opened in 1893 and through service established, these engines became the backbone of freight power in the Cascades.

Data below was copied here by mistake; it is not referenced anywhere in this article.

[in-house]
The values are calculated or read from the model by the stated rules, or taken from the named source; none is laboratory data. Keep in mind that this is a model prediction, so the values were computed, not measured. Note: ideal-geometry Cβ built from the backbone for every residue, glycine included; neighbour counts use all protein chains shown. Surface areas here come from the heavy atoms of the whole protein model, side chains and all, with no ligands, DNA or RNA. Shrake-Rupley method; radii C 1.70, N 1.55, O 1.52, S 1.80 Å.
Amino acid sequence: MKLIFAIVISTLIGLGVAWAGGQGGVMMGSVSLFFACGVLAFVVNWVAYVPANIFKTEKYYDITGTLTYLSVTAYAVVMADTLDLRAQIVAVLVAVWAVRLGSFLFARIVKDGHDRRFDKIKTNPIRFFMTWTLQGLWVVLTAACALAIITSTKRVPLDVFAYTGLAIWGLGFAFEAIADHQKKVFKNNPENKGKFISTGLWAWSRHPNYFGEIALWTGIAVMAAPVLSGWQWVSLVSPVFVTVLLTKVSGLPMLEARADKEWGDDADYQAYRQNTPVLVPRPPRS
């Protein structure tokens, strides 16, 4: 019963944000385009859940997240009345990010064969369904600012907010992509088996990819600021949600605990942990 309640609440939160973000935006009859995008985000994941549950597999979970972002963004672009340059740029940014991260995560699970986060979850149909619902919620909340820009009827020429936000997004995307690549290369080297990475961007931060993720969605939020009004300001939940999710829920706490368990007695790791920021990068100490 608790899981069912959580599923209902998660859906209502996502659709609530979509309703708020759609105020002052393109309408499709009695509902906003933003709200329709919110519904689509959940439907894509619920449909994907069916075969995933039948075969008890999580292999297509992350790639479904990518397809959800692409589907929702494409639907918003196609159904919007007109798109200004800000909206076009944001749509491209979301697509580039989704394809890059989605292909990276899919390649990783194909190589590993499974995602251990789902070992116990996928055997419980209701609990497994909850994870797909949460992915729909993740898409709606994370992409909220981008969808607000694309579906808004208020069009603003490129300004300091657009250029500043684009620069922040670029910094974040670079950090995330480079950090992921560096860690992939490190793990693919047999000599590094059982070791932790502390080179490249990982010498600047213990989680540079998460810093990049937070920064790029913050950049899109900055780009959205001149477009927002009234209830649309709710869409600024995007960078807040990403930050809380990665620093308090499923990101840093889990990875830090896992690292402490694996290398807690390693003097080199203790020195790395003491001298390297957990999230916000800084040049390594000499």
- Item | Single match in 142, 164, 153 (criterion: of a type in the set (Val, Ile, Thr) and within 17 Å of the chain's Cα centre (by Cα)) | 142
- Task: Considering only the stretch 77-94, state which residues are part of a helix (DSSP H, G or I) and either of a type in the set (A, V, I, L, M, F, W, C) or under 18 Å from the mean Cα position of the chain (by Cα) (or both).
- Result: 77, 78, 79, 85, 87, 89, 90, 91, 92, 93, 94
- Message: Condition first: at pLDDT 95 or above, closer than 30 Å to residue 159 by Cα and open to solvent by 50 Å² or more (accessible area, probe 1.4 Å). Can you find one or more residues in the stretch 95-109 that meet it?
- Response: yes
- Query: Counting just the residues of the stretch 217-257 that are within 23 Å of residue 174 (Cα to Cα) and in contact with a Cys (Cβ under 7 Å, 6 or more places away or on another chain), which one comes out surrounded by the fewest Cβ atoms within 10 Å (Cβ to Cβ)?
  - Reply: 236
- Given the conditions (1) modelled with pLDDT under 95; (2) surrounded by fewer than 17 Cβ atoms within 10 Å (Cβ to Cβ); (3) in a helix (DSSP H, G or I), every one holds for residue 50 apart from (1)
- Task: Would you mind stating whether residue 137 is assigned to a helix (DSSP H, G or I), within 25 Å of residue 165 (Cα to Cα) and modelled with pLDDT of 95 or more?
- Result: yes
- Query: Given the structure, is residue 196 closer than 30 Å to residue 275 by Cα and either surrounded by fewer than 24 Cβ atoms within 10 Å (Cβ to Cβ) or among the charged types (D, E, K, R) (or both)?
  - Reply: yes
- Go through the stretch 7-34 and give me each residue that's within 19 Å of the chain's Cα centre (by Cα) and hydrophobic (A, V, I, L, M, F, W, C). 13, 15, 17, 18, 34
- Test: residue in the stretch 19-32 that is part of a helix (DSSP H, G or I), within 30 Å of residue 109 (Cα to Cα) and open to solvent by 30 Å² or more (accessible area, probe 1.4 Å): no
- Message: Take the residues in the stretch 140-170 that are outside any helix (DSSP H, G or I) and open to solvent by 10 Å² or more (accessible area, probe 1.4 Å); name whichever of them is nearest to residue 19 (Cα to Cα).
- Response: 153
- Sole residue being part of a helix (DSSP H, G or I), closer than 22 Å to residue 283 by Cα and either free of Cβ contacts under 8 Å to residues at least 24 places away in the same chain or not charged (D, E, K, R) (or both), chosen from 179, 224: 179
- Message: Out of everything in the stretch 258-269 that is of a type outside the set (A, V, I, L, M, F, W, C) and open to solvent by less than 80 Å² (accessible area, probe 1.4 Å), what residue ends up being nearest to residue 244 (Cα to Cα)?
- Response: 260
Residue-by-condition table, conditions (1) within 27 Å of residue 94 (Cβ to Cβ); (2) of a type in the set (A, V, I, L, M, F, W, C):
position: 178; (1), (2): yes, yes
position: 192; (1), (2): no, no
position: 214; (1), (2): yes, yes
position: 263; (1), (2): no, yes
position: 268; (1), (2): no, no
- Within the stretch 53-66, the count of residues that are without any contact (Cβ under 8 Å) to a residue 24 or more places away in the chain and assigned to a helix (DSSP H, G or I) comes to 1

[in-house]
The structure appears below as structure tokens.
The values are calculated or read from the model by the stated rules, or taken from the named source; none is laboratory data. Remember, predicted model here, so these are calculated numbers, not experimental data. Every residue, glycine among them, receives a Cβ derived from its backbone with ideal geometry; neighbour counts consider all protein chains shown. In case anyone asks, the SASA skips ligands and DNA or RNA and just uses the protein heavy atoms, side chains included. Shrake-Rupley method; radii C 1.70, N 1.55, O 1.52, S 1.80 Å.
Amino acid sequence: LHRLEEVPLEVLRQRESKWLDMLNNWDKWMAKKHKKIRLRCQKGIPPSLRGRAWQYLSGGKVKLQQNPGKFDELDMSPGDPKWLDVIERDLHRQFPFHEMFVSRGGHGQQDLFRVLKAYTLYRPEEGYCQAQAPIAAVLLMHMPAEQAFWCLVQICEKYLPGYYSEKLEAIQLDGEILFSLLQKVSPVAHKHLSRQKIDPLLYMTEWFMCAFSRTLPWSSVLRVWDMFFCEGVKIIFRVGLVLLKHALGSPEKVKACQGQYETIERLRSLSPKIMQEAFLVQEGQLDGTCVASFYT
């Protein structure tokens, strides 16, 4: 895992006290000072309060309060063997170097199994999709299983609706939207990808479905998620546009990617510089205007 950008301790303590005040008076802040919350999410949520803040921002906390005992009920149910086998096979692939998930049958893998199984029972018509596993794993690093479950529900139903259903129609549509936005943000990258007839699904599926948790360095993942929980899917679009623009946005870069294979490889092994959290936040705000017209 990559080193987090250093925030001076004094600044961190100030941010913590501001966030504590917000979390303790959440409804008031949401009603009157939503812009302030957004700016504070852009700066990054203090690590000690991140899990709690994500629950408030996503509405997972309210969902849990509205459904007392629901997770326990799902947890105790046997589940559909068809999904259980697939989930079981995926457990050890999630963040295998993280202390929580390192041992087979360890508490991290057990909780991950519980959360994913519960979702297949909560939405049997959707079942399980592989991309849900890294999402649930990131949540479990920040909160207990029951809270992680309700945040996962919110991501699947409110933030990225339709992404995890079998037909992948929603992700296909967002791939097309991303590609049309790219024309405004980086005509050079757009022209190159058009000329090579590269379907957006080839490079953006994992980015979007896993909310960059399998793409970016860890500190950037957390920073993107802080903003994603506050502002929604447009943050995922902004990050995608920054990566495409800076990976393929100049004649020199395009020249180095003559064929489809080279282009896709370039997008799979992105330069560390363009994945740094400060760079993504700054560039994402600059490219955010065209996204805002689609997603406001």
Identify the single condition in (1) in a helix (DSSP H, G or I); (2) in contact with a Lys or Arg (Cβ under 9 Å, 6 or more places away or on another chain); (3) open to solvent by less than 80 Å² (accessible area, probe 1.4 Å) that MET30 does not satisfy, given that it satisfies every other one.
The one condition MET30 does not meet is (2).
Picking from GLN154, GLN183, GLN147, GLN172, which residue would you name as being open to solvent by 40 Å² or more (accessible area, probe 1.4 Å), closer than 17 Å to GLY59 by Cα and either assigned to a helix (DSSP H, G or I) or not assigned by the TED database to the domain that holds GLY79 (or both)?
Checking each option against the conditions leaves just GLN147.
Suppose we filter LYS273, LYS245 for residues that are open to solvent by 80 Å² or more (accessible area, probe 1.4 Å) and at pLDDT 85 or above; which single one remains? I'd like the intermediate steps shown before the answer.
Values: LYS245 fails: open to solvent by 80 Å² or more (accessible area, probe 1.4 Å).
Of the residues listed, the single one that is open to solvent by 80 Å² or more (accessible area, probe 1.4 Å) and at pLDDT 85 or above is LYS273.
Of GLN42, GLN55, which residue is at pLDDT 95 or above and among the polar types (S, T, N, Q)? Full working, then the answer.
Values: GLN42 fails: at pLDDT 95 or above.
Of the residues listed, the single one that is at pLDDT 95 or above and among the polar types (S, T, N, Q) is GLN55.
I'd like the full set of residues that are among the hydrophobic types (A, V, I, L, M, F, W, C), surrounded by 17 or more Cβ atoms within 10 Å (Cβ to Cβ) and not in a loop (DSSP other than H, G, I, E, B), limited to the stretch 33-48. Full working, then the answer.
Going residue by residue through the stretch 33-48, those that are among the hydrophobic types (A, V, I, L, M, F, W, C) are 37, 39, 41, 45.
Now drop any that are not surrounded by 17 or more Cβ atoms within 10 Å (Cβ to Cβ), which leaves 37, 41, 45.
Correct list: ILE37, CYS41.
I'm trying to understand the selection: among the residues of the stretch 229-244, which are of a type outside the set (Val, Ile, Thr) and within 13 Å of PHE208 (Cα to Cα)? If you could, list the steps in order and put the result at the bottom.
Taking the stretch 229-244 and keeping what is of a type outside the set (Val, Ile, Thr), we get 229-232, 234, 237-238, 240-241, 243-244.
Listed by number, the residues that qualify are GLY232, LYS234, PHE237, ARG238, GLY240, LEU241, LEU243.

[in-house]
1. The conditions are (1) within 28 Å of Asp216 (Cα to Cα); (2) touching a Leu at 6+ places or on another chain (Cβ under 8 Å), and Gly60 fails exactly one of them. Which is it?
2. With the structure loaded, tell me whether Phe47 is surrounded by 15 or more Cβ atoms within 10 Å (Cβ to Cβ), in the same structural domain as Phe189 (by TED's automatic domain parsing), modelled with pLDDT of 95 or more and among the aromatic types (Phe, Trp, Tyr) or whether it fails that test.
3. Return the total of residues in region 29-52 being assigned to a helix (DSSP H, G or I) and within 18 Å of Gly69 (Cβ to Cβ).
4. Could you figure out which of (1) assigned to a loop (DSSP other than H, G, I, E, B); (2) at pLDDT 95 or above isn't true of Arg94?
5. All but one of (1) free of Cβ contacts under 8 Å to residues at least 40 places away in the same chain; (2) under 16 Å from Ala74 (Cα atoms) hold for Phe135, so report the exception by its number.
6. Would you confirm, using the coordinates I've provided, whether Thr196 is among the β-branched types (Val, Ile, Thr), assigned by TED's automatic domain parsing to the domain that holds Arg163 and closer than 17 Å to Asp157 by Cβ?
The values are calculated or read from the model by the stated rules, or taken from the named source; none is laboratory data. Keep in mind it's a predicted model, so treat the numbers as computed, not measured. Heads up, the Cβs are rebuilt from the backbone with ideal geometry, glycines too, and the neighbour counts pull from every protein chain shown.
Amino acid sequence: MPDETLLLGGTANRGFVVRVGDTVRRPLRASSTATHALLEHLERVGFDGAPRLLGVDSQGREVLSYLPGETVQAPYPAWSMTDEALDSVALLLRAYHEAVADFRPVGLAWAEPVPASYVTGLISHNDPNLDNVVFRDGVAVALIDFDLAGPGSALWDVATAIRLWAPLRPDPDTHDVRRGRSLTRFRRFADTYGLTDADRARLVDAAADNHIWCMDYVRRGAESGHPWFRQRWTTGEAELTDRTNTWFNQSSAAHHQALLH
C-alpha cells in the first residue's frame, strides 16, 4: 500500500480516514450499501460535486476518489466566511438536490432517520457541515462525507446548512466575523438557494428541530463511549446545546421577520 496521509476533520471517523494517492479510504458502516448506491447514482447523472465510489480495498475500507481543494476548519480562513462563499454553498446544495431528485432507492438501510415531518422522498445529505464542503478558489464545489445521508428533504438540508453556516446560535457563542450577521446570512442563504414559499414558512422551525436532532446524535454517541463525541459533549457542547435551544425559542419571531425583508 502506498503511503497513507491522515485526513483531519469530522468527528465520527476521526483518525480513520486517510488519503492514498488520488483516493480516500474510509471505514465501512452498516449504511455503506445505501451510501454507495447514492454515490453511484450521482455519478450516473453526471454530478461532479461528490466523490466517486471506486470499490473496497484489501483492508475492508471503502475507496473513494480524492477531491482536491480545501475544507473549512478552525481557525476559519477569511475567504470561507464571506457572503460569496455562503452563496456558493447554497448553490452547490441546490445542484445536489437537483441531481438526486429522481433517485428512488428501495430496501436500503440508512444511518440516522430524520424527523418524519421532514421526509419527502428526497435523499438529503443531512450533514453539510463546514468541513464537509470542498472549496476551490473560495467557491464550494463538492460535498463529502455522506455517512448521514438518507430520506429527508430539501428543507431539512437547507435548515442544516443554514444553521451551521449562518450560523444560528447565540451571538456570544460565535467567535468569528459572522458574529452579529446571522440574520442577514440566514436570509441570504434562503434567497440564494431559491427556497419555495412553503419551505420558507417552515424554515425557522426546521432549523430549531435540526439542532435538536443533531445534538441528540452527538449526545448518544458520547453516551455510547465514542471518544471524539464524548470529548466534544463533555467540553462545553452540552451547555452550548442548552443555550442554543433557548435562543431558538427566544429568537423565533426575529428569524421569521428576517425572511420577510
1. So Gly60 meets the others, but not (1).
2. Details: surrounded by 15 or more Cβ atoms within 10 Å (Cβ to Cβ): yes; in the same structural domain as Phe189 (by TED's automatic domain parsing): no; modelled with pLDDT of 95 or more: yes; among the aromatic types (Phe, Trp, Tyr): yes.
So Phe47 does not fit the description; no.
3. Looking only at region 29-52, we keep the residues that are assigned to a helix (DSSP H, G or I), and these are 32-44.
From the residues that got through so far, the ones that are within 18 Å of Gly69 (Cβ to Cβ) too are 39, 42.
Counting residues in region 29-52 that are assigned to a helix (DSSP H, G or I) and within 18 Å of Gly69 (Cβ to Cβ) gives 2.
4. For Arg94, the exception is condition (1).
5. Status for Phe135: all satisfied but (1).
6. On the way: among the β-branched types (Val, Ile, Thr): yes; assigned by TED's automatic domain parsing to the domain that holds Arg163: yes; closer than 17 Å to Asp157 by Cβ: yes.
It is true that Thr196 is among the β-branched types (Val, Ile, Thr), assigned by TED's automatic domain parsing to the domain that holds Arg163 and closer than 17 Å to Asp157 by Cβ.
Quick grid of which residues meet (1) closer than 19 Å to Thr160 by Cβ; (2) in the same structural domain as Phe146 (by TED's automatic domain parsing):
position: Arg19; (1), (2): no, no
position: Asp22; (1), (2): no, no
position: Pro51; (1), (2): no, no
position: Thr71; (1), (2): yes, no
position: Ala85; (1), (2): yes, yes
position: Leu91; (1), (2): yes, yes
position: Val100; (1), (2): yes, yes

On a typical Cascade Division freight movement, one of the Consolidations would arrive at Skykomish from Seattle with 25 cars, some 600 tons tied to its drawbar. Skykomish was a crew and engine change point. A 4-8-0 would be assigned as a pusher, a fresh 2-8-0 put on the head end, and the two engines would roll the train out of Skykomish Yard. Right at the yard limit the battle began, for they went right into the 2.2 per cent grade which extended all of the 21 miles from Skykomish to Wellington. The best the little engines could make was 5 to 6 mph. What with meeting trains, stopping for water, running into rock slides, and so forth, they might be any time from 5 to 15 hours beating their way up to Wellington. After stopping for water and maybe coal at Scenic, they'd sweep around the long left horseshoe curve and the eastbound engine crews would find themselves heading due west directly away from Wellington, still on the steady 2.2 per cent grade. Climbing up out of the Tye River Valley, there would be another stop and maybe a meet at Corea, then they would proceed across a long curved timber trestle over Martin Creek and right into a hole in the side of a rock-walled mountain. This was Horseshoe Tunnel and immediately after entering it they would move around a long right horseshoe, coming out into daylight on a second and smaller trestle, this time heading back east again. They were still climbing the same mountain, but this time at a higher level and in an easterly direction. Soon came another stop at Embro for water, then 2 miles farther west they passed Scenic again, this time 250 feet up in the air and clinging to the side of the mountain.